A federal appellate court ruled Tuesday that a portion of a lawsuit against the red light camera and speed camera program in Cleveland, Ohio could proceed. Daniel McCarthy and Colleen Carroll argued that the city had unconstitutionally deprived them of their property after the Parking Violations Bureau fined them $100 when the municipal traffic camera ordinance did not give the city any authority to impose a fine on someone who leases his vehicle. A district court judge threw out the case, but the US Court of Appeals for the Sixth Circuit found merit in the state law aspects of their argument.
Morale at Redflex Traffic Systems, the Australian photo enforcement company with more contracts in the United States than any other firm, has never been lower. Yesterday, the company faced the real possibility that the state government in Victoria, Australia would sue for the recovery of $15 million in citations issued by a faulty Redflex freeway speed camera system. Although the government currently refuses to issue refunds, it issued equally stern denials before giving in to public pressure by refunding $26 million worth of tickets over a high-profile accuracy failure in 2003.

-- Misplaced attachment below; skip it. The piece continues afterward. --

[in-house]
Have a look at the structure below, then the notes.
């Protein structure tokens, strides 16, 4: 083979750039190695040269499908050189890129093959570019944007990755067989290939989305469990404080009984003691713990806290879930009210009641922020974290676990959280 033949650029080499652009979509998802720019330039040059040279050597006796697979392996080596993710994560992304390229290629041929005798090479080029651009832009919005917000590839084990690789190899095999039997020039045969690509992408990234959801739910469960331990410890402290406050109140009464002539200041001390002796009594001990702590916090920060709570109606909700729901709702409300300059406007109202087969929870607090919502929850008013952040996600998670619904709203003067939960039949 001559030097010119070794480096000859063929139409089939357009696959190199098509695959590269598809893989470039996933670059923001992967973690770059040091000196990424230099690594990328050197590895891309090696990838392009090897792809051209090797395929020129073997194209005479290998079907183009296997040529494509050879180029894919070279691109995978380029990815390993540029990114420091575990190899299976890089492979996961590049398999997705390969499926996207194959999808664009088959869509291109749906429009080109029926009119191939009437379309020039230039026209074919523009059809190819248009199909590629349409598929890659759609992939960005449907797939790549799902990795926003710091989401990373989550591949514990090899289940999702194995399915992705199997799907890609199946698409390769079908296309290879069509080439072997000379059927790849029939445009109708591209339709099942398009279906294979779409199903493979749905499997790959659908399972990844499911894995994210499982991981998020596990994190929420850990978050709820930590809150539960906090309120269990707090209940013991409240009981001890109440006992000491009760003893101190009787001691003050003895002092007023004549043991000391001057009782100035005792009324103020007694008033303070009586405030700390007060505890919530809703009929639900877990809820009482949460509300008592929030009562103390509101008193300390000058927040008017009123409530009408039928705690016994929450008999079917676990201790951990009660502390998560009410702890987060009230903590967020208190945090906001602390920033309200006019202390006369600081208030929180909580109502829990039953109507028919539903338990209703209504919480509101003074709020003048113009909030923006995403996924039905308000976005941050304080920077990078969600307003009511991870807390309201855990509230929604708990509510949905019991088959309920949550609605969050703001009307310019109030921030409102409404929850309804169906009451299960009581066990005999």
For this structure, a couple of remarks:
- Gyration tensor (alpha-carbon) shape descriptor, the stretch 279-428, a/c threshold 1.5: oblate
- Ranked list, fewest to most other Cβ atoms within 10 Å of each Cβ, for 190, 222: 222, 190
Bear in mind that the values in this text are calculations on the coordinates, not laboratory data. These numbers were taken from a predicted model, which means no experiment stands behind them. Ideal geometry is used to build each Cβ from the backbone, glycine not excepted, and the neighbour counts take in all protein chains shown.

A motorist is using federal anti-racketeering statutes to go after the red light camera and speed camera program in Tempe, Arizona. Dan Gutenkauf filed his complaint last week in the US District Court for the District of Arizona and happened to land the same judge, Frederick J Martone, who presided over the recent American Traffic Solutions (ATS) vs. Redflex case which is currently under appeal. The suit names Redflex employees, police officials, politicians and judges as defendants.
“I feel this lawsuit is very comprehensive and I have spent a lot of time over the last two years doing the legal research, gathering evidence and drafting the complaint,” Gutenkauf told TheNewspaper. “And I have my appeal victory from the lower court propelling me into federal court.”
The mayor of Ridgeland, South Carolina is taking a stand in defiance of a state law that bans the use of speed cameras anywhere in the state (view law). Mayor Gary W. Hodges earlier this month began issuing speeding tickets based on evidence provided by an automated traffic system set up in a recreational vehicle parked on Interstate 95 despite warnings from lawmakers.
“The program is up and running,” Hodges announced at an August 12 meeting. “There are those at various levels who think this is a bad thing — I for the life of me can’t figure out why people have a problem with this.”
Ridgeland, South Carolina wants to deploy a speed camera to ticket out-of-state drivers as they pass through the seven-mile stretch of interstate within the tiny town’s limits. The plan angered the state legislature to such a degree that it unanimously enacted legislation in June to prohibit photo enforcement — except during declared state emergencies (view law). The Ridgeland town council refused to back down.